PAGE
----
LBank, a cryptocurrency exchange, has announced its entry into the Nigerian market. On the 19th of March, LBank successfully held a blockchain event for its premium users in Nigeria. A selected number of LBank expert traders, VIPs, and Blockchain enthusiasts were present at the exclusive hangout to familiarize themselves with the leading exchange.

The event by LBank formed an avenue for the company to encourage Nigerian traders and pioneers of the exchange to continue trading on the platform as well as to give them a sense of recognition.

World-class global speakers delivered thrilling lectures to the audience during each session of the event. The first session was titled ‘Blockchain technology and the solution of LBank, followed by another informative segment in which the speaker introduced LBank and its offerings, dubbed “Introduction to LBank and LBank products.”

To read more, click here.

Bowmans Comment: Currently, in Kenya, there is no law that governs or specifically classifies cryptocurrencies.

In the case of Wiseman Talent Ventures v Capital Markets Authority [2019] (“Wiseman Case”) (available here), the Capital Markets Authority (CMA) argued that due to its wide mandate to protect the public with respect to capital markets, they were justified in interfering with a planned Initial Coin Offering (ICO) in Kenya. The substantive suit has yet to be determined and the decision of the court in the Wiseman Case may be material in providing further guidance as to the treatment of cryptocurrencies in Kenya.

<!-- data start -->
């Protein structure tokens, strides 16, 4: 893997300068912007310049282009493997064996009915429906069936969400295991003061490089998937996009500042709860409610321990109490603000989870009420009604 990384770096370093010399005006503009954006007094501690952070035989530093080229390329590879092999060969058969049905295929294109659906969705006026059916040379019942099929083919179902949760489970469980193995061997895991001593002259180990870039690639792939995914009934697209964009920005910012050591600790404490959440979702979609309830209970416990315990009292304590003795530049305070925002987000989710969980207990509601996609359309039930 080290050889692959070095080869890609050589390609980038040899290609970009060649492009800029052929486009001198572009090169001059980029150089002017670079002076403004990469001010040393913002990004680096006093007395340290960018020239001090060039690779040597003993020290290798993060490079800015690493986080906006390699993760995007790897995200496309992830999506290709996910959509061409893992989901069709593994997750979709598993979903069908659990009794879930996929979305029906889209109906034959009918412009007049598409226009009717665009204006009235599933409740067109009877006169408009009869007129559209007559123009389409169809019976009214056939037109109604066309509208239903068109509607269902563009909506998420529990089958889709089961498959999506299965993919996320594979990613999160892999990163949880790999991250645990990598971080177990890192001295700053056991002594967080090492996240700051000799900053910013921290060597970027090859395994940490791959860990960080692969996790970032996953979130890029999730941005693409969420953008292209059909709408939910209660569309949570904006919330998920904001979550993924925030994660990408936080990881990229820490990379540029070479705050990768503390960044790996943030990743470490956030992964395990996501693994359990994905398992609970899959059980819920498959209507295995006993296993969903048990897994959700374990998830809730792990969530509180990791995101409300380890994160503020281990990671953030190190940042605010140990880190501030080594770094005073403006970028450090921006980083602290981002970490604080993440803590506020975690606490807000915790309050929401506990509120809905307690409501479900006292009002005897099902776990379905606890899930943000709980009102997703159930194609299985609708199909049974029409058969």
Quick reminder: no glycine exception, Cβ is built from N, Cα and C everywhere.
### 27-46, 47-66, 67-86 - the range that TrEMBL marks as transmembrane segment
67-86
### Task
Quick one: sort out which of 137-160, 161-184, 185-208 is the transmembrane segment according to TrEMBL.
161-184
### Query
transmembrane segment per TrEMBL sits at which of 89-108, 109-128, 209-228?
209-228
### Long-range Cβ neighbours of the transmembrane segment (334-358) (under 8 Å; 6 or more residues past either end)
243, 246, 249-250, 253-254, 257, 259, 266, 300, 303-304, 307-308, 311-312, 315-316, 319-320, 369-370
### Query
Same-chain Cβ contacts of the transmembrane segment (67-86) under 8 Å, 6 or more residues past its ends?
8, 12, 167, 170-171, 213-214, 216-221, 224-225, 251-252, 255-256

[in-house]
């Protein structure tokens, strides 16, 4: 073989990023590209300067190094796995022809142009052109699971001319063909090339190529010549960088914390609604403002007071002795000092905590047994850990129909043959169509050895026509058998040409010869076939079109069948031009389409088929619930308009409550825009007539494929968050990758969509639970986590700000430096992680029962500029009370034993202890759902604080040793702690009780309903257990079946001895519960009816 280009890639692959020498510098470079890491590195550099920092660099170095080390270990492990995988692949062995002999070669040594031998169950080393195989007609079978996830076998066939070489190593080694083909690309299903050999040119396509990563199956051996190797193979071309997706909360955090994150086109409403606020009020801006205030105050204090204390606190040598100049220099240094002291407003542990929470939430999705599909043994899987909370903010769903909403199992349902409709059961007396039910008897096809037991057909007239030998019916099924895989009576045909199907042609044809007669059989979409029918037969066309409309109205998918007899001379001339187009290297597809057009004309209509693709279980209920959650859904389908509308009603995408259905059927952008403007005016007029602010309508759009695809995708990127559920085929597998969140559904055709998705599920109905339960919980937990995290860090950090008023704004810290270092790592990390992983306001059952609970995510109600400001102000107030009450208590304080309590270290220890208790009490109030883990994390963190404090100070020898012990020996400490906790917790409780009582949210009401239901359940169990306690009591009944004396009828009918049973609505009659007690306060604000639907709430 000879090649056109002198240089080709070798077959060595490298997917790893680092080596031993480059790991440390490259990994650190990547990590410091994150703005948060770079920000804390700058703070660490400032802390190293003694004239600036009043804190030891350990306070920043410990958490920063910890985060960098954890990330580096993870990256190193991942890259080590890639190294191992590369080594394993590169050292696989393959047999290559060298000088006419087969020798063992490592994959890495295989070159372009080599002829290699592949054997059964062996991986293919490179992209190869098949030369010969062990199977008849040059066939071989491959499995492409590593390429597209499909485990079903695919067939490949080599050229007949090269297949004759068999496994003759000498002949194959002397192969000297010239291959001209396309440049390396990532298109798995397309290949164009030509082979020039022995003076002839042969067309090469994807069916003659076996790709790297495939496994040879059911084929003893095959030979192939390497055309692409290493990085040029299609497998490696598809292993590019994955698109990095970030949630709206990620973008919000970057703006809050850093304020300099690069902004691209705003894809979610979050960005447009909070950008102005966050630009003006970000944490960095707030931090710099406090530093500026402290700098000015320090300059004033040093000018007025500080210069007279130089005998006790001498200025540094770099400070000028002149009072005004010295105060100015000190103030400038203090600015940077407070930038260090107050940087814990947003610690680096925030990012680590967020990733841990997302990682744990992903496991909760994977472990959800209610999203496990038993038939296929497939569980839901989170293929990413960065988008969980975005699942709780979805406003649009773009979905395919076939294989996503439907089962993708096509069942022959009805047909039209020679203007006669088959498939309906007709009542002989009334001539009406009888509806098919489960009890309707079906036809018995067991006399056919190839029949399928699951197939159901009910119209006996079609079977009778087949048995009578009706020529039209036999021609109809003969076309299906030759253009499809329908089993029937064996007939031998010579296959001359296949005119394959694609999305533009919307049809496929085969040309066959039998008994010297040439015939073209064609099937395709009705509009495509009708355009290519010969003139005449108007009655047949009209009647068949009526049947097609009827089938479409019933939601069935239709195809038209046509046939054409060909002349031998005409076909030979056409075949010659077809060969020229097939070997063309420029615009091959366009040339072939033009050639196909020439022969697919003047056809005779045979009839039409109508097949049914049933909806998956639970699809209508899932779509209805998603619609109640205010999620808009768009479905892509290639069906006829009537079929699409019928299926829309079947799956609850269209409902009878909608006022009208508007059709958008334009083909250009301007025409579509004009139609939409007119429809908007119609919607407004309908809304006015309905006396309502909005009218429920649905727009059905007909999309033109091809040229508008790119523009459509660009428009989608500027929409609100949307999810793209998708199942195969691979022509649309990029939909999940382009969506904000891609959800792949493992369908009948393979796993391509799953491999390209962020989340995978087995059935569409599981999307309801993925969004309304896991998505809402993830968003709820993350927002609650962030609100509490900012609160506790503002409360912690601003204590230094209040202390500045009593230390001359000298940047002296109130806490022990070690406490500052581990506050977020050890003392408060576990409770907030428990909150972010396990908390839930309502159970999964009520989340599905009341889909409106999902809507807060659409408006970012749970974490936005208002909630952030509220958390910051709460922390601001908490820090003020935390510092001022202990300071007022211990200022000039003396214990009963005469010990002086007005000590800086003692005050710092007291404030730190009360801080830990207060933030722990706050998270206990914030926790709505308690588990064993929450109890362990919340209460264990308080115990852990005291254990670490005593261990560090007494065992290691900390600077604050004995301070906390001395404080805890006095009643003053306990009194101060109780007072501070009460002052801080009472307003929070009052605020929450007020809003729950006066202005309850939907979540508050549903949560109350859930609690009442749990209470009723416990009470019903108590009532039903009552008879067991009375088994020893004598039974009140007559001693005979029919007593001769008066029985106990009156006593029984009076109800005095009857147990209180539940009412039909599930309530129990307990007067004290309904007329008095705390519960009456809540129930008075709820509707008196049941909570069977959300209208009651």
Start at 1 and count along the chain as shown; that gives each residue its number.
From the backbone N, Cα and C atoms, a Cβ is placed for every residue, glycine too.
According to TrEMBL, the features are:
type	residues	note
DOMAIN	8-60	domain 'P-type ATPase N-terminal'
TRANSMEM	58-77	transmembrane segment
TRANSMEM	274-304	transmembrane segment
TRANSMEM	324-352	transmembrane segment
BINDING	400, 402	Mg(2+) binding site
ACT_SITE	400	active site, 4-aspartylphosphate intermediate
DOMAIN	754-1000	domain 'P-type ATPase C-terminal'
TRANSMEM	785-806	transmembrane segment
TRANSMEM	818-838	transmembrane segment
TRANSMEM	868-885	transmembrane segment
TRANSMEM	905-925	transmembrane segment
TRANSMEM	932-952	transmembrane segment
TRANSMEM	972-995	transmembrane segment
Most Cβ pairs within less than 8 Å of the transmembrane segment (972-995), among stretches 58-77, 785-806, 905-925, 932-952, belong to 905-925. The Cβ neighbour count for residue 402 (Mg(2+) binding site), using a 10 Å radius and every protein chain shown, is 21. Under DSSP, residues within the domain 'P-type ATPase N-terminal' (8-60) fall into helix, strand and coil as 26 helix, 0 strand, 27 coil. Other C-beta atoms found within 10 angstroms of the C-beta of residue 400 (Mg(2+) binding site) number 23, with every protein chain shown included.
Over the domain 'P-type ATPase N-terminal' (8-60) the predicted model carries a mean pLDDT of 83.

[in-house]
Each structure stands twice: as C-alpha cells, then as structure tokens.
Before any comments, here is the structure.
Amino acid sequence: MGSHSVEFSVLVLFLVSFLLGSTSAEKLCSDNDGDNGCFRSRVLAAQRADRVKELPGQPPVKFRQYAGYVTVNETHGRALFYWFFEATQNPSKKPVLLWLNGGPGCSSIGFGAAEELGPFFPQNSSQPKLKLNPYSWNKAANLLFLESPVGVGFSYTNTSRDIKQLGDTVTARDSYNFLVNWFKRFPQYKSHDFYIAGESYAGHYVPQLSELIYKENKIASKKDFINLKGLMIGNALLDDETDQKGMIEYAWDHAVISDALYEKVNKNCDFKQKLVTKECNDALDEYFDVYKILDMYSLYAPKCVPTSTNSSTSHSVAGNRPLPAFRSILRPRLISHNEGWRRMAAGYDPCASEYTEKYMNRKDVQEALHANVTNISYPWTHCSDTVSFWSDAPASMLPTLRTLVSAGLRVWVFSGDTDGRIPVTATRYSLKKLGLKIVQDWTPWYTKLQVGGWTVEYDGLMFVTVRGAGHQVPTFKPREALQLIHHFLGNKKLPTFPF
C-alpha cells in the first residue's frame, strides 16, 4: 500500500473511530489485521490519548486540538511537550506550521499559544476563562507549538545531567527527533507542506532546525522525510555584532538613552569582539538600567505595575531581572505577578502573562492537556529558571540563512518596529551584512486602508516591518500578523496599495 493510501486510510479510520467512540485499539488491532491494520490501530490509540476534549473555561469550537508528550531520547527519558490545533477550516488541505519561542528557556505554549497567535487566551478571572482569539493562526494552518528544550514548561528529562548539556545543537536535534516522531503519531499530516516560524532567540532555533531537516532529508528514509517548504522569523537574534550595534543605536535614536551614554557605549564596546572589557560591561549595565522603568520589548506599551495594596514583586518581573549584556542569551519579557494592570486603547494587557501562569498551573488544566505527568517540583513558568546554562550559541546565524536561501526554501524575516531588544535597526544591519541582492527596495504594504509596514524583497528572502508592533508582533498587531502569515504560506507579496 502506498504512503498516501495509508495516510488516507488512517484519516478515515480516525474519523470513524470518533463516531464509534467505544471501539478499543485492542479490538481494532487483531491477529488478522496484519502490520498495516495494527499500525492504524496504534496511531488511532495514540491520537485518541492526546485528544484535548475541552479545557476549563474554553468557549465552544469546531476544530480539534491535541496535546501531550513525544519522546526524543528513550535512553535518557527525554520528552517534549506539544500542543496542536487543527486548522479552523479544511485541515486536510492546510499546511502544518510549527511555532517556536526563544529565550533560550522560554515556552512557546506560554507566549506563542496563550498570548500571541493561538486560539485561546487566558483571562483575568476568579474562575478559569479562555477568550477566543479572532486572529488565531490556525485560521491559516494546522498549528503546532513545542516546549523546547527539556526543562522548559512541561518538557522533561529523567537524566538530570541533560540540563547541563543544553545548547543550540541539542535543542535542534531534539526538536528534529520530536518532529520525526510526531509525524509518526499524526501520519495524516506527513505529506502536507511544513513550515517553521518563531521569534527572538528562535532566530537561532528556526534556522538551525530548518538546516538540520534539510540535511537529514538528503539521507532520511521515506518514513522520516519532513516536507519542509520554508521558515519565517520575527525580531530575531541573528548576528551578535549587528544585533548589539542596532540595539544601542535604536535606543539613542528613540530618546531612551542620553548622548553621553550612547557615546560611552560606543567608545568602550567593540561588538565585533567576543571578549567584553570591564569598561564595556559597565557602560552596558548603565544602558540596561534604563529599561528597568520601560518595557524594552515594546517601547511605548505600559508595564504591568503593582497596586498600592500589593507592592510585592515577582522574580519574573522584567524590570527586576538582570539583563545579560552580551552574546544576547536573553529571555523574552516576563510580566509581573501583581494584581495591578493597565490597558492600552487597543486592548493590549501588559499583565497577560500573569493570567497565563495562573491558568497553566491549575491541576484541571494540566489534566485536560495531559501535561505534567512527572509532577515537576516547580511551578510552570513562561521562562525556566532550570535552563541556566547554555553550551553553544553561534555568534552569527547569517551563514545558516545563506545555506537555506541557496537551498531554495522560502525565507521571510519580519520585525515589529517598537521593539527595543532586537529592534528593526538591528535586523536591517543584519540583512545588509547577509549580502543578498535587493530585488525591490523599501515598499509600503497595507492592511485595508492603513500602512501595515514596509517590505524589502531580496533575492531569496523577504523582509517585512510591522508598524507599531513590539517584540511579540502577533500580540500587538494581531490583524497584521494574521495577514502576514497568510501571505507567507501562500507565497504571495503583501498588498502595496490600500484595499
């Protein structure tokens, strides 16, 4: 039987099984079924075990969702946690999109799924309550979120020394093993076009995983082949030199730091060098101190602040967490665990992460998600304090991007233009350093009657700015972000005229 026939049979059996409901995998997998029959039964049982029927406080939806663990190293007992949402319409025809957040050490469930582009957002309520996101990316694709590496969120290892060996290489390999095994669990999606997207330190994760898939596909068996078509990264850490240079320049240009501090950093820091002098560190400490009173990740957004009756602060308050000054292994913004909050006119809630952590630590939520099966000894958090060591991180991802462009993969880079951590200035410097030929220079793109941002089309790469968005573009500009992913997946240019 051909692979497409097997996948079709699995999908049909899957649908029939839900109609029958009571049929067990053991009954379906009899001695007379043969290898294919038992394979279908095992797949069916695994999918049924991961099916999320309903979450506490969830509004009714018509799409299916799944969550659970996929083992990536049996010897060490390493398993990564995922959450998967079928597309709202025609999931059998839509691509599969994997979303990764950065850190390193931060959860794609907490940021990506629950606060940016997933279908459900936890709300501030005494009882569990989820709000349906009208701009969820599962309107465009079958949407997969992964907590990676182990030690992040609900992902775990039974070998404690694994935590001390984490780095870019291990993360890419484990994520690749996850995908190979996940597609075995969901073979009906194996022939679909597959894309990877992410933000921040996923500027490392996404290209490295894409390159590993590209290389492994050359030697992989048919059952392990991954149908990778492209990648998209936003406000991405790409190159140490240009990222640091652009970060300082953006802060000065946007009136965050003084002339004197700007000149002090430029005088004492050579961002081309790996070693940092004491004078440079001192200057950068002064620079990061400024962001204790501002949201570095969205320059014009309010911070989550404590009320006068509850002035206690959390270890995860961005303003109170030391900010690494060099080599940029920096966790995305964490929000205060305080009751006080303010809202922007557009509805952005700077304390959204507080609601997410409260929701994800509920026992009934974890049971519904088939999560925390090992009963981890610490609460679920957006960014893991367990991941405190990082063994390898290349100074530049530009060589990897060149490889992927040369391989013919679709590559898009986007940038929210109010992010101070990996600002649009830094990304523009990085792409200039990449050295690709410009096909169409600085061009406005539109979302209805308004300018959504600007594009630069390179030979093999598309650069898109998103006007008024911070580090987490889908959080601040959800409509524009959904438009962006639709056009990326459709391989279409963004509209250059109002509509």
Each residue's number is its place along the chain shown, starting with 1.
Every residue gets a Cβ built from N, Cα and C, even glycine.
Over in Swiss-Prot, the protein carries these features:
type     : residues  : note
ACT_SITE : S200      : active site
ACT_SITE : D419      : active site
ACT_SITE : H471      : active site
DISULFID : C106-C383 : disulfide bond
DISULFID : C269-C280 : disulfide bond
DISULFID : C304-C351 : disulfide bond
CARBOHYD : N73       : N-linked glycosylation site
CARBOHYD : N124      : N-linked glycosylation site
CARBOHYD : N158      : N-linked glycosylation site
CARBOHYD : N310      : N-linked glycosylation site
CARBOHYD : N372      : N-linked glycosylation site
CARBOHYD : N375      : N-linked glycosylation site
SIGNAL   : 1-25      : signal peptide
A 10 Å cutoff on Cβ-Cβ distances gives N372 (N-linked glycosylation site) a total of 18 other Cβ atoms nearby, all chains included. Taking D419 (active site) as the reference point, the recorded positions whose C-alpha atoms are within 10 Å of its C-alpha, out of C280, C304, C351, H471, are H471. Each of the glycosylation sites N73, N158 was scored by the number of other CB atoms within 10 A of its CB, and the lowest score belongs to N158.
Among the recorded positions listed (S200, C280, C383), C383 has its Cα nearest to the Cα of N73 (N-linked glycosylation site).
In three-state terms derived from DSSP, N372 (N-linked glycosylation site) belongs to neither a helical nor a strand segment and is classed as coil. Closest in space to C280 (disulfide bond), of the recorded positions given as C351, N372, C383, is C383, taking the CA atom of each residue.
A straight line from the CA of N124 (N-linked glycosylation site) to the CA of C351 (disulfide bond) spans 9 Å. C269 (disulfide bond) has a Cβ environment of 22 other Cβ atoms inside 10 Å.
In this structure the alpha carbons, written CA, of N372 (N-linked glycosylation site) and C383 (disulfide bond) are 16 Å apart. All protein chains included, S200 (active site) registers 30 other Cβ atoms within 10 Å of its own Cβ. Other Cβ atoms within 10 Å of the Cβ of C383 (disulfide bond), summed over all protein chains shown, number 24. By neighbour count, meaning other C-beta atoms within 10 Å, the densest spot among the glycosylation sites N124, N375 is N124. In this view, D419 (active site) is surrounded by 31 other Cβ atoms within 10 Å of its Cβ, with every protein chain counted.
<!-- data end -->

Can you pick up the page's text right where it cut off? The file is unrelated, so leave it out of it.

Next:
From our engagements with the CMA in relation to regulating cryptocurrencies under existing securities legislation, we understand that the CMA will be looking to take a proactive approach as regards the regulation of cryptoassets and currently encourages new entrants to the market to participate in its regulatory sandbox. The CMA has made it clear that any regulation of cryptocurrencies falls strictly within the mandate of the Central Bank of Kenya.

Source: TechAfrica News

Bank of England sketches out first regulatory approach to crypto

The Bank of England (BoE) on Thursday 24 March began sketching out Britain’s first regulatory framework for Cryptoassets, saying that although the sector remained small, its rapid growth could pose risks to financial stability in the future if left unregulated.

The need to bring Cryptoassets under regulation is due to concerns that they may be used to circumvent the financial sanctions imposed on Russia since its invasion of Ukraine.

The British finance ministry is taking steps to bring unregulated Cryptoassets such as Bitcoin and Ether within the regulatory ‘perimeter’. According to the Financial Policy Committee, the direct risks to financial stability from crypto were currently limited, but if the recent pace of growth is not maintained, there would be risks in the future.

The sector globally grew tenfold between early 2020 and November 2021, and now stands at USD 1.7 trillion or 0.4% of global financial assets, with over 17,000 different Cryptoasset tokens in circulation.

Until crypto assets are brought fully under the regulatory net, the BoE is focusing on ensuring that risks from crypto are controlled in the banking sector.

Bowmans Comment: There is a global move towards regulation of crypto currencies, and Kenya is not exempt. (Please see our analysis above). This is a welcome development as, through regulations, authorities could implement measures to help cryptocurrency investors protect their assets. Also, investors could address concerns or reclaim their investments in case they lose them.

To read more, click here.